Flash Jetson Orin Nano WSL2

Hi again,

First of all I want to highlight a curiosity at the official NVidia documentation pages as found here:

Windows Subsystem for Linux :: NVIDIA SDK Manager Documentation

Because NVidia wrote that page, it suggests that WSL should work without any issues to have the sdk-manager working for several devices such as Jetson.
I have been pulling out all my hairs during my struggles why it did not work, so I am a bald guy now… unfortunately.
Anyway, maybe NVidia should indicate there what kernel of WSL2 they used. Just like I posted my complete config in the first part of this thread. WSL2 is really awesome to my opinion but things are progressing and it is not always clear what features are working and what not.

Besides that, this forum is flooded with post like “do not try WSL2 and use native host only” without any further solution directions for guys like me that just want to understand why and just want to fix it.

Now a description of the path that I walked to get it all fixed.

  1. It started with not being able to build the images initially on my WSL2 which at the end were caused by an issue that the qemu-system package was not completely available on binfmts, something which is essential to get chroot working during the build and packaging process of rootfs. My fix for that issue was posted here:
    Orin nano installation fails; chroot: failed to run command ‘dpkg’: Exec format error - Jetson & Embedded Systems / Jetson Orin Nano - NVIDIA Developer Forums

  2. After fixing that hurdle I crashed in the flashing process with the SDK manager. I switched to the commandline part of the install but that breaked at the same points (although the messages are much more clear than from the sdk-manager, which seems to hide a lot of details). I carefully watched the USB device enumeration in WSL2 in a separate Powershell window, the one where I initially did a bind --force and an auto-attach of the NVidia APX device descriptor which pops up if you put the device in factory recovery mode. During the preparation and flashing process (i believe some of the bootloader stages get activated there, correct me if I am wrong) somewhere at the main flashing stage the USB port enumerates as a different device descriptor. In fact it enumerates as a “Remote NDIS Compatible Device #2, USB Mass Storage Device”. Of course, usbpid does not have any knowledge of this new device descriptor and it is at this point not bounded yet in case you never did the bind --force for this descriptor. I suppose that many of us get stuck there. Anyway, just bind that one too once and you are done for every next auto-attach to WSL2.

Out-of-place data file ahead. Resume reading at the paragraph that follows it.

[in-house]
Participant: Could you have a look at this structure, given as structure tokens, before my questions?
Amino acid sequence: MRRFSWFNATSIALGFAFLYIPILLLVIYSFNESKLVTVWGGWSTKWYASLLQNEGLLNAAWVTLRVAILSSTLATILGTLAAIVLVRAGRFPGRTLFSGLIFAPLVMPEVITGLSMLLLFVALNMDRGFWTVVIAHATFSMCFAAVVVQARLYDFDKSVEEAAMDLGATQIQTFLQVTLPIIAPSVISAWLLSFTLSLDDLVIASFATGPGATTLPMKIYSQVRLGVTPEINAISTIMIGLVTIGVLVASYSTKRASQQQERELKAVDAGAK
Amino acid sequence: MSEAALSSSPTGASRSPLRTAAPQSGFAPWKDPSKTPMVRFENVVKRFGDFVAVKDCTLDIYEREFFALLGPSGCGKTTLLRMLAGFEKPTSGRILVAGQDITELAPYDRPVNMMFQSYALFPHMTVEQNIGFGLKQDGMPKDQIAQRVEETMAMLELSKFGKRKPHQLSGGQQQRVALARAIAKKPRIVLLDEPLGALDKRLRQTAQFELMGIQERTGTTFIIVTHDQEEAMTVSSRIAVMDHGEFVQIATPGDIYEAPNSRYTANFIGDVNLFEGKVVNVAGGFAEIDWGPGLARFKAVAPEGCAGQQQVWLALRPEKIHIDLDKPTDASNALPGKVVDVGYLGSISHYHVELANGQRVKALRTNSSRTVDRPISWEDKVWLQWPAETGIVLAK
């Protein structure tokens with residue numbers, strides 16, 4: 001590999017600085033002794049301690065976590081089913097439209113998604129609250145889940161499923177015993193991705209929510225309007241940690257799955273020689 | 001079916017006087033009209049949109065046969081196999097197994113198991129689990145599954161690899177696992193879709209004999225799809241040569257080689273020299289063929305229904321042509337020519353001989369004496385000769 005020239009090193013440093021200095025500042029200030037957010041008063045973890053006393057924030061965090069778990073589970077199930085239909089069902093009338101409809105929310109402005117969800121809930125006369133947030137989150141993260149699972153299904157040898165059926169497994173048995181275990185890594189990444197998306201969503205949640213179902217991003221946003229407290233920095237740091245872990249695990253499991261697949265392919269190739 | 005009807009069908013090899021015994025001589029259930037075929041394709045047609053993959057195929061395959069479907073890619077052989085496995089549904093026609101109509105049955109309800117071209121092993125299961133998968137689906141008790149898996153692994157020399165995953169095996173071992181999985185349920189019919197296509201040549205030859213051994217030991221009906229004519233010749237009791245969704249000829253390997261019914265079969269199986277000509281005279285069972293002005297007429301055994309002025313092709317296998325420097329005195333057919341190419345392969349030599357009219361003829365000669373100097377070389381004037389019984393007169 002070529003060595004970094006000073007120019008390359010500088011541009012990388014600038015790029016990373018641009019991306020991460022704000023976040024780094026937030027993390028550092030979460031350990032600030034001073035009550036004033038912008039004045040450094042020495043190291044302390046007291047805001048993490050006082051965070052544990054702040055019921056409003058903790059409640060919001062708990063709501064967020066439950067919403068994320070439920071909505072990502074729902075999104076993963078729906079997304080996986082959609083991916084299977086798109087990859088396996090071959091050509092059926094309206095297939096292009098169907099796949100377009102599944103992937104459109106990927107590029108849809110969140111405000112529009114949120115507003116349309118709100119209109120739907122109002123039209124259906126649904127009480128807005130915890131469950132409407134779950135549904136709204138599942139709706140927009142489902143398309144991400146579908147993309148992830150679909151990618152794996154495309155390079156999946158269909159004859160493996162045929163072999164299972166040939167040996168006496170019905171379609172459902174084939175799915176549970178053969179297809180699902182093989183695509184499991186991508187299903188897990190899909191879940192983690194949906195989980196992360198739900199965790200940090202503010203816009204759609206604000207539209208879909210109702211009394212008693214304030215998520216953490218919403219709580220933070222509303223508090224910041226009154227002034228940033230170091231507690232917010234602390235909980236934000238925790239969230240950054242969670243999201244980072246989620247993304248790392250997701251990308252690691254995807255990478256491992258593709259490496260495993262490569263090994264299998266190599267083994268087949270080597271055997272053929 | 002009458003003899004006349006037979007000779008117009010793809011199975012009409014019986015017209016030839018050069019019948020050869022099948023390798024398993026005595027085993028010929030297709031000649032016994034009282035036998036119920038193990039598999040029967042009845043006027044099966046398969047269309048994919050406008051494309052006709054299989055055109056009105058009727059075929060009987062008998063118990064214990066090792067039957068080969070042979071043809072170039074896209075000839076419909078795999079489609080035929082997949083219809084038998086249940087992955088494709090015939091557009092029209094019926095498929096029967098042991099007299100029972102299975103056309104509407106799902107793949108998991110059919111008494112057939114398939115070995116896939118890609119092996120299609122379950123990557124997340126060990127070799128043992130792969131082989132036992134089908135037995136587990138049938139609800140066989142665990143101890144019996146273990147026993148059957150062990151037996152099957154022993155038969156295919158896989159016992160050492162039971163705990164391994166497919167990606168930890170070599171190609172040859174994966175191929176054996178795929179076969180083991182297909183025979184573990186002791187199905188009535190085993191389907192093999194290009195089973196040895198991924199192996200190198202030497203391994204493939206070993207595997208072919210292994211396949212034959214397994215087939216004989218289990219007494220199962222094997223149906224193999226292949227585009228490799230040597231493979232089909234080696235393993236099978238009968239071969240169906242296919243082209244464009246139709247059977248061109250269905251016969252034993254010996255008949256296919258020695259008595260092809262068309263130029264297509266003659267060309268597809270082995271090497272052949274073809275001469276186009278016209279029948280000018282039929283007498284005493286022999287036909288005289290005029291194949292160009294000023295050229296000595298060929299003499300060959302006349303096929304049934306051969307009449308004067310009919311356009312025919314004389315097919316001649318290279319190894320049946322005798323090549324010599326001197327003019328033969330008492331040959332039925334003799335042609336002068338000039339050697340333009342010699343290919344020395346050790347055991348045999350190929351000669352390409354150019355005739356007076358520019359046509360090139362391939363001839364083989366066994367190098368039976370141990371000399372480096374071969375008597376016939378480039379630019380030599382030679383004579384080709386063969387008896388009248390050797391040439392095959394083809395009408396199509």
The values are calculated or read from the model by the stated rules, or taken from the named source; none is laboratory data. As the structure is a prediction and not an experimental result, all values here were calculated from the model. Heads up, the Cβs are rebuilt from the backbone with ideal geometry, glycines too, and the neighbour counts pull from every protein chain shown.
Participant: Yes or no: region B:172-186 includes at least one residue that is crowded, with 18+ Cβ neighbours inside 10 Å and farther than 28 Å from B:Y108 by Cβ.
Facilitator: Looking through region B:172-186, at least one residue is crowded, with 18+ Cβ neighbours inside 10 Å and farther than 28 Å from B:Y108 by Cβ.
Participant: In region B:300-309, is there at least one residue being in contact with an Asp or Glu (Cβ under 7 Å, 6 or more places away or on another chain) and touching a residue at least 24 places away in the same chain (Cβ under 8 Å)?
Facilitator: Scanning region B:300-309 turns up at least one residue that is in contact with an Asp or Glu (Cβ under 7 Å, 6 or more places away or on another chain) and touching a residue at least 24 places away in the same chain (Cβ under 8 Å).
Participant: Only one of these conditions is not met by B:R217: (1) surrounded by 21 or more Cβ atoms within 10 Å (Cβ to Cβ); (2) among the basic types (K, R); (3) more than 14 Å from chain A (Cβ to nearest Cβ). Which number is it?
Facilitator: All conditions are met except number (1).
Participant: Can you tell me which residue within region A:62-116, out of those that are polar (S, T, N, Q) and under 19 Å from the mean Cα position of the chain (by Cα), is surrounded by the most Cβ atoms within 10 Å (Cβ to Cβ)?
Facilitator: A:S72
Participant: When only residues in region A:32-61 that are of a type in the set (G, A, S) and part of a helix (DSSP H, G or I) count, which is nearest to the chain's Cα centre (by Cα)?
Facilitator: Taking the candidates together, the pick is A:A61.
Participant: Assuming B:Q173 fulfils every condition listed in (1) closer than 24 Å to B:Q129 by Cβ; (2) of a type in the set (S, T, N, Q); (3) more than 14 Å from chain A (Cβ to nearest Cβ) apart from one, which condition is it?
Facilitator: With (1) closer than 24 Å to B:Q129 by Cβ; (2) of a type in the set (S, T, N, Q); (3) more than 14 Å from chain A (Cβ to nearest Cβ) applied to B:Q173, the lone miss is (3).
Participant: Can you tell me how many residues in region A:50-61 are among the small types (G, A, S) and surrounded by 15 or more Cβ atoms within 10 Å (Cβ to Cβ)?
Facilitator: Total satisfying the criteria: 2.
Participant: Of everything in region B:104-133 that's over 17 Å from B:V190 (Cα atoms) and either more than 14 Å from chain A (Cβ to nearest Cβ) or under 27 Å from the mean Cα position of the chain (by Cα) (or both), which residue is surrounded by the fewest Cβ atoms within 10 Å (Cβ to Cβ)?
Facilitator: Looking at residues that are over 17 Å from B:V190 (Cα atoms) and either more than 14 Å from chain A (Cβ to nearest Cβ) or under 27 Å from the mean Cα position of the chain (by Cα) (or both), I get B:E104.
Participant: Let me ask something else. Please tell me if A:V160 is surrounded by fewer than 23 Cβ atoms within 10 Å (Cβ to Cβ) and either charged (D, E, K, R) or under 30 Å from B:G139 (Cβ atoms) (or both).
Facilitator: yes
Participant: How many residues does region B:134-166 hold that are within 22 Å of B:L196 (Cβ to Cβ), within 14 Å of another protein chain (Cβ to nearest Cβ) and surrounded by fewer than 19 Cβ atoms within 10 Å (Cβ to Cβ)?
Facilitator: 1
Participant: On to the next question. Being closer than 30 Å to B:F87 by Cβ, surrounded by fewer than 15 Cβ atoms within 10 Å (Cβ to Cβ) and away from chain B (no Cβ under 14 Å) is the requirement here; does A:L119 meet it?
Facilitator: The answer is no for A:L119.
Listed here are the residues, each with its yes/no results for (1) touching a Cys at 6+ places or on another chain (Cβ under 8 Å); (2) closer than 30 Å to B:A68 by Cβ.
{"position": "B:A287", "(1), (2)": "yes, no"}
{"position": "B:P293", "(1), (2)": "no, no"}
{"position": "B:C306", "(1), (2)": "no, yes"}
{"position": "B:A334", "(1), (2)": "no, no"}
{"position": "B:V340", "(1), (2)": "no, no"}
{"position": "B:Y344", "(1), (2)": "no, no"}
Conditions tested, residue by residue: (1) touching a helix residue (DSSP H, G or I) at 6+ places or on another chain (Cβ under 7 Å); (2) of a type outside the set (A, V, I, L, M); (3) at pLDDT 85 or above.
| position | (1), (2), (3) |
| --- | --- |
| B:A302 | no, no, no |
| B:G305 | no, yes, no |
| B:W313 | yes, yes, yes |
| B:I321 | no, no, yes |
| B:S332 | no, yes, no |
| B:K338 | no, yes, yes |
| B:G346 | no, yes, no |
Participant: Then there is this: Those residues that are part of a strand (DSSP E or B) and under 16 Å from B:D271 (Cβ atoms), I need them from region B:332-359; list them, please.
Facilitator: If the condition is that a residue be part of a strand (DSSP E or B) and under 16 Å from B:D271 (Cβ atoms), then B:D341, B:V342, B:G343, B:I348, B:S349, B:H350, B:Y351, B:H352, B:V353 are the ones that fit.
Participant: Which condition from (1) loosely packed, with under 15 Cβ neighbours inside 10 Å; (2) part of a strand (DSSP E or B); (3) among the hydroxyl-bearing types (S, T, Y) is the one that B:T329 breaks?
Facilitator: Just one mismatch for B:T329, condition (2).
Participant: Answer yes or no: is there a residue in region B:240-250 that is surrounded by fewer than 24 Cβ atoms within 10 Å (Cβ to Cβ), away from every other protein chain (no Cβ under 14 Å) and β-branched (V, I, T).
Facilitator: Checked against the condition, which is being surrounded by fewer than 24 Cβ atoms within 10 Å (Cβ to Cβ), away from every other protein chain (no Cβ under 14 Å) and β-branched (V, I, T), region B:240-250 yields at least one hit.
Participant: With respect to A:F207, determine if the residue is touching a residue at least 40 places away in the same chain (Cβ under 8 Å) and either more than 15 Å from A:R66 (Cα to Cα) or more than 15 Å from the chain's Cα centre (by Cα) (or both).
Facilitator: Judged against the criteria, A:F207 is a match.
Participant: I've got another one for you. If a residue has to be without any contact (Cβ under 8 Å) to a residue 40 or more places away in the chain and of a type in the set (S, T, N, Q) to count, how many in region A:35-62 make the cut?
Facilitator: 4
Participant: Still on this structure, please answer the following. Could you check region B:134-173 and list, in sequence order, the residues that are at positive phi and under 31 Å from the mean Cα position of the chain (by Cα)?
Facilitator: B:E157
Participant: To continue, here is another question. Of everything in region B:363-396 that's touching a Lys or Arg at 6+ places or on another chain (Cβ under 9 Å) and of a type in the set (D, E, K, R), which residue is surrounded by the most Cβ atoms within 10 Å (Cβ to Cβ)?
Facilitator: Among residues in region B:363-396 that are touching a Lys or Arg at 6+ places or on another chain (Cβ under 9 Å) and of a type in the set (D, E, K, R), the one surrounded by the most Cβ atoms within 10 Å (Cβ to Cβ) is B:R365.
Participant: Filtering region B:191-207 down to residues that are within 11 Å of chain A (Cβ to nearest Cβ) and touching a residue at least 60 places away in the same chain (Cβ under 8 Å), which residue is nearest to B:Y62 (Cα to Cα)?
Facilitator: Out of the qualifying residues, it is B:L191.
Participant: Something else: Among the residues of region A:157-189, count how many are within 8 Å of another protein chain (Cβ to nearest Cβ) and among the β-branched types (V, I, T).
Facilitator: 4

3. At this point I got stuck again with the “waiting for boot” or something which looks like that message during the flash procedure, simply because the tools expects that an rndis device becomes active on the USB port, including your USB mass memory (the NVMe disk partition). For the ones who don’t understand the importance here; the flashing tool is waiting here for an Ethernet over USB connection (usbnet) to continue the flashing process over that ethernet connection (on an ipv6 address). Unfortunately the kernel that I use and described at my first post in this thread does not have all the options enabled to get an rndis capable USB connection working. My initial assumption that this was the latest kernel from MS and the fact that NVidia has posted a nice documentation page which suggests that WSL2 works ok with the SDK manager was the cause for a lot of confusion. I have been playing with more than one kernel config setting and I can just say that I needed quite some features before I achieved white smoke.

Please find attached my config.gz for my latest modified WSL2 kernel.

Hope that this post clarifies a lot and I hope that a lot of clutter messages get removed from this forum by NVidia

config.gz (25.3 KB)